KAI RYSSDAL: I'm pretty sure we are allowed to say this word on the radio, but it's makinga whole lot of economists out there cringe. Stagflation is what I'm talkingabout. It's an economic bogeyman. Stagnant growth combined with risinginflation. But with gross domestic product growing by 5.3 percent lastquarter, we got to wondering how stagnant the economy really is. So we put ina call to a guy who might know. David Wyss is chief economist at Standard &Poor's.
DAVID WYSS: Yeah. Stagflation, of course, arose from the late '70s,early '80s. That was a period when growth slowed to an average of about twopercent a year. Less than that through most of the late '70s. The inflationrate was heading up into double-digit range by the end of the 1970s. And theunemployment rate joined it in double digits in the early 1980s. That was theworst economy we've seen in the post-World War II era.
RYSSDAL: All right, well, then do a little compare and contrast for me. Ithink we're pretty far from that today.
WYSS: Today, actually the economy looks better than average. We'reseeing growth slowing down, but we're looking for about 3 1/2 percent thisyear, maybe 2 1/2 next year. But that'll probably be the slow year. Theinflation rate is rising, but it's rising to a little over 2 percent. That'shardly anything to get excited about. And the unemployment rate at 4.6percent is a full percentage point below its historical average. This isreally more like a normal economy. In fact, better than normal economy.Certainly not the very bad economy that we looked in the '70s and early '80s.
RYSSDAL: All right. Well, then, give it up for me. What's anybody worriedabout?
WYSS: Well, I think what everybody is worried about is number one,Could it come back? And number two, Are we doing things that could make itcome back. One argument for that, the Fed needs to tighten now because ifthey don't, we'll gradually work ourselves back into that situation of themid-70s.
RYSSDAL: It's been a tough patch for Wall Street the past six of so weeks.You know, I mean, we've gone from everybody saying, "Oh, we're at thesehighs," to a very, very tough 10 days or so. Are the problems in the stockmarket that we've been seeing a symptom or a cause of everybody talking aboutinflation?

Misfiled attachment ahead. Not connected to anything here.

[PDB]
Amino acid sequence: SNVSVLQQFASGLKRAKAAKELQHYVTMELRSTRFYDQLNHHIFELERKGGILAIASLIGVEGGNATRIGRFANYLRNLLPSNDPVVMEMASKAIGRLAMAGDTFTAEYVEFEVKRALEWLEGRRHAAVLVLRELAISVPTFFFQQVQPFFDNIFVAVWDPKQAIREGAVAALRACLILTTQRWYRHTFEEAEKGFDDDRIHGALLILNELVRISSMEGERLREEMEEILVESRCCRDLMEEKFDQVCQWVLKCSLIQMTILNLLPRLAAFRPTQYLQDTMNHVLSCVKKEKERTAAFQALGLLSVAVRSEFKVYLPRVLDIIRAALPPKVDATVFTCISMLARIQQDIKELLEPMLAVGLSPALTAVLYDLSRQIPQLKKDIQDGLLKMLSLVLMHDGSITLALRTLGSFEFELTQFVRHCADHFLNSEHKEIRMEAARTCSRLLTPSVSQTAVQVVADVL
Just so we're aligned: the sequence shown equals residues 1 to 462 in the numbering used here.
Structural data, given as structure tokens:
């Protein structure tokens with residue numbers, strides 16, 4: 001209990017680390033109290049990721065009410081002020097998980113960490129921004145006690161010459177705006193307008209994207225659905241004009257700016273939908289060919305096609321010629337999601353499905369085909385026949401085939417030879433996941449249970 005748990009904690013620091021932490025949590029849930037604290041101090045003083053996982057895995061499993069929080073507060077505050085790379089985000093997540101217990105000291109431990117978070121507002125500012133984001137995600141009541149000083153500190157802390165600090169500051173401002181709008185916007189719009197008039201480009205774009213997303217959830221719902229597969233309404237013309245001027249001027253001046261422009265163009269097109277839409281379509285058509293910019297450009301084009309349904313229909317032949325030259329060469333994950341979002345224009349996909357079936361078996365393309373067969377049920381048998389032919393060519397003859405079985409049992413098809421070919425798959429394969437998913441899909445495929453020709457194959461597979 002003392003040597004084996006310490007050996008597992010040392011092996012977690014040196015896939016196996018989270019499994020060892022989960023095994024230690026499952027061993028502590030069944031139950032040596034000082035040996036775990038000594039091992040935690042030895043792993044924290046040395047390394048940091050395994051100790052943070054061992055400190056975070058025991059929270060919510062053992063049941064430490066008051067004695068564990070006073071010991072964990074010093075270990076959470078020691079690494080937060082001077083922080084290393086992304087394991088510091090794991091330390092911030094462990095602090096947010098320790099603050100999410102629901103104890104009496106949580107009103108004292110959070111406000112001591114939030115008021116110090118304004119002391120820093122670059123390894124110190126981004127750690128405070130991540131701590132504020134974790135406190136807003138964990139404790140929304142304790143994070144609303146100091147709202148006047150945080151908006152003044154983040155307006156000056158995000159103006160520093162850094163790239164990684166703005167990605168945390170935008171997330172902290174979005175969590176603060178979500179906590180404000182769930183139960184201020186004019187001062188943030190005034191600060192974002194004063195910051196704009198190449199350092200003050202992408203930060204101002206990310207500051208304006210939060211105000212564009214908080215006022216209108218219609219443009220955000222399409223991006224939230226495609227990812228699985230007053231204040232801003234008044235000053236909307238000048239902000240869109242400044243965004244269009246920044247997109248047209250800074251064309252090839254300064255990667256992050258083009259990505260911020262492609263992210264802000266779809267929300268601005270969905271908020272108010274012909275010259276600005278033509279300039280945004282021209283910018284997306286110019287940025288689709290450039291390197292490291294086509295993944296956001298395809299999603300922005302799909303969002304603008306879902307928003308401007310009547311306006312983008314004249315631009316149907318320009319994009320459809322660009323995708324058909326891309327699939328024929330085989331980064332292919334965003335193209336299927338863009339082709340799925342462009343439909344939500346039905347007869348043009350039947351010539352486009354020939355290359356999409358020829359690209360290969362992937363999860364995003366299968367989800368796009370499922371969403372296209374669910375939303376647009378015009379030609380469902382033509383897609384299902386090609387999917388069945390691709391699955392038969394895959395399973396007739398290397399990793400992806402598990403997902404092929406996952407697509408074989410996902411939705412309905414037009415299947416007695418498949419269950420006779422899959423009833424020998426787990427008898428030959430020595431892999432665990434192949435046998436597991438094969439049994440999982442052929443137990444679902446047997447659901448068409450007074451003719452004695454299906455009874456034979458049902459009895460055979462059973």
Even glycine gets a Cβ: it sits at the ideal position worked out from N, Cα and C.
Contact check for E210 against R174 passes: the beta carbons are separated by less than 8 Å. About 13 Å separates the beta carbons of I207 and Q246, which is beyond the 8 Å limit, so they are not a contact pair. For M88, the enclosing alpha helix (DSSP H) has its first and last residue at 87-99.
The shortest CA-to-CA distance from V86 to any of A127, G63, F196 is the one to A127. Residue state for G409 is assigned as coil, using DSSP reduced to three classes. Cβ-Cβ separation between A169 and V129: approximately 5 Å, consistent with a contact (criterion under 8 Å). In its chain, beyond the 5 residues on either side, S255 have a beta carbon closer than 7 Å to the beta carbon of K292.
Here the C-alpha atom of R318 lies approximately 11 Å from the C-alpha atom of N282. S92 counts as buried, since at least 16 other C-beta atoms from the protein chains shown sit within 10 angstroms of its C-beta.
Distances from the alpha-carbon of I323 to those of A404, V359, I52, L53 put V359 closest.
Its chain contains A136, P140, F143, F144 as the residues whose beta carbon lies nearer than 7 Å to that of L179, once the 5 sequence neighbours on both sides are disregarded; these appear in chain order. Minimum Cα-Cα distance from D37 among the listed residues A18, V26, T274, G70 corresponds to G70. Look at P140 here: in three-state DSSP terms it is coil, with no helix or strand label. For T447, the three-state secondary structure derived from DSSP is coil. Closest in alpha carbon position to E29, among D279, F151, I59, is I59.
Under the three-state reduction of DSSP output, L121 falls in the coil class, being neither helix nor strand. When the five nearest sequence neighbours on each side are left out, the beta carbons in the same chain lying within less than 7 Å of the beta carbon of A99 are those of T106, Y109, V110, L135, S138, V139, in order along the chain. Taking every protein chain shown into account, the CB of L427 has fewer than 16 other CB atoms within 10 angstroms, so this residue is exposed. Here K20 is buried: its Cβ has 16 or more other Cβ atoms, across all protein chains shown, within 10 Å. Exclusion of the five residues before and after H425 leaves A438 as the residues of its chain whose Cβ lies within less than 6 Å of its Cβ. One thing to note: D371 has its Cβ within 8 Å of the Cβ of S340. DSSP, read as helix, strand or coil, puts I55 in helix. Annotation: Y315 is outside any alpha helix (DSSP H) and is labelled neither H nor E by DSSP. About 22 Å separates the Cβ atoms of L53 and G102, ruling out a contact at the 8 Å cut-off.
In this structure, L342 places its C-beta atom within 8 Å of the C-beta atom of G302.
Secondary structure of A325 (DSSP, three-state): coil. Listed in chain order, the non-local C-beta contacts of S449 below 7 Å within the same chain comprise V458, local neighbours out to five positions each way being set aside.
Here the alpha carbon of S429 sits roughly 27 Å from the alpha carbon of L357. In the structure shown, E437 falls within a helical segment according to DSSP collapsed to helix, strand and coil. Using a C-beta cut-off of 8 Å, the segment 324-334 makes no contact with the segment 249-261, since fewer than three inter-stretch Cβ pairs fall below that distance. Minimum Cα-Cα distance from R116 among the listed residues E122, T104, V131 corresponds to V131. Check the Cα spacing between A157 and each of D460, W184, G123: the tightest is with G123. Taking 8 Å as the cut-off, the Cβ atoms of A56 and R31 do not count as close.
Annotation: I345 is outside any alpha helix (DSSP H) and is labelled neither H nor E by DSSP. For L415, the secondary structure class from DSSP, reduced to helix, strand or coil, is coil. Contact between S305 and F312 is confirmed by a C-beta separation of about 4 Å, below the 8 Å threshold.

WYSS: Both. They're a symptom of the fact that the Fed is worried aboutinflation, and therefore looks like they're going to tighten more than peoplehad expected earlier. But they're also a cause because people are looking atthe stock market and saying these guys must know something I don't. In fact,you know, we're overdue for a correction in the stock market. This is aboutas long as we've ever gone without at least a 10 percent pullback in themarket. So it's time.
RYSSDAL: So how long do you think it's going to take for all this talk ofstagflation to sort of disappear?
WYSS: I think it'll disappear when the Federal Reserve clearly stopsraising interest rates. My guess is we've got two more rate hikes to go.
WYSS: I think you'll see one next week, almost certainly. And my guessis we get one more after that that will get us to 5 1/2 percent. I think theFed then will have to reverse course next year.
RYSSDAL: You were actually at the Fed in the 1970s weren't you, when all thiswas going on?
WYSS: I was at the Fed, yeah, when this was getting started at least. Iwas at the Council of Economic Advisory when we got into the real stagflationperiod.
RYSSDAL: Tough times? A little tense?
WYSS: These were not fun times. This is something we thought that, youknow, Hey, low unemployment would be somewhere around 6 percent. And itwould be nice to get back to 5 percent inflation. We're nowhere close to thatperiod yet.
RYSSDAL: Times change. David Wyss at Standard & Poor's in New York. Mr.Wyss, thanks a lot for your time.
WYSS: Thank you, Kai.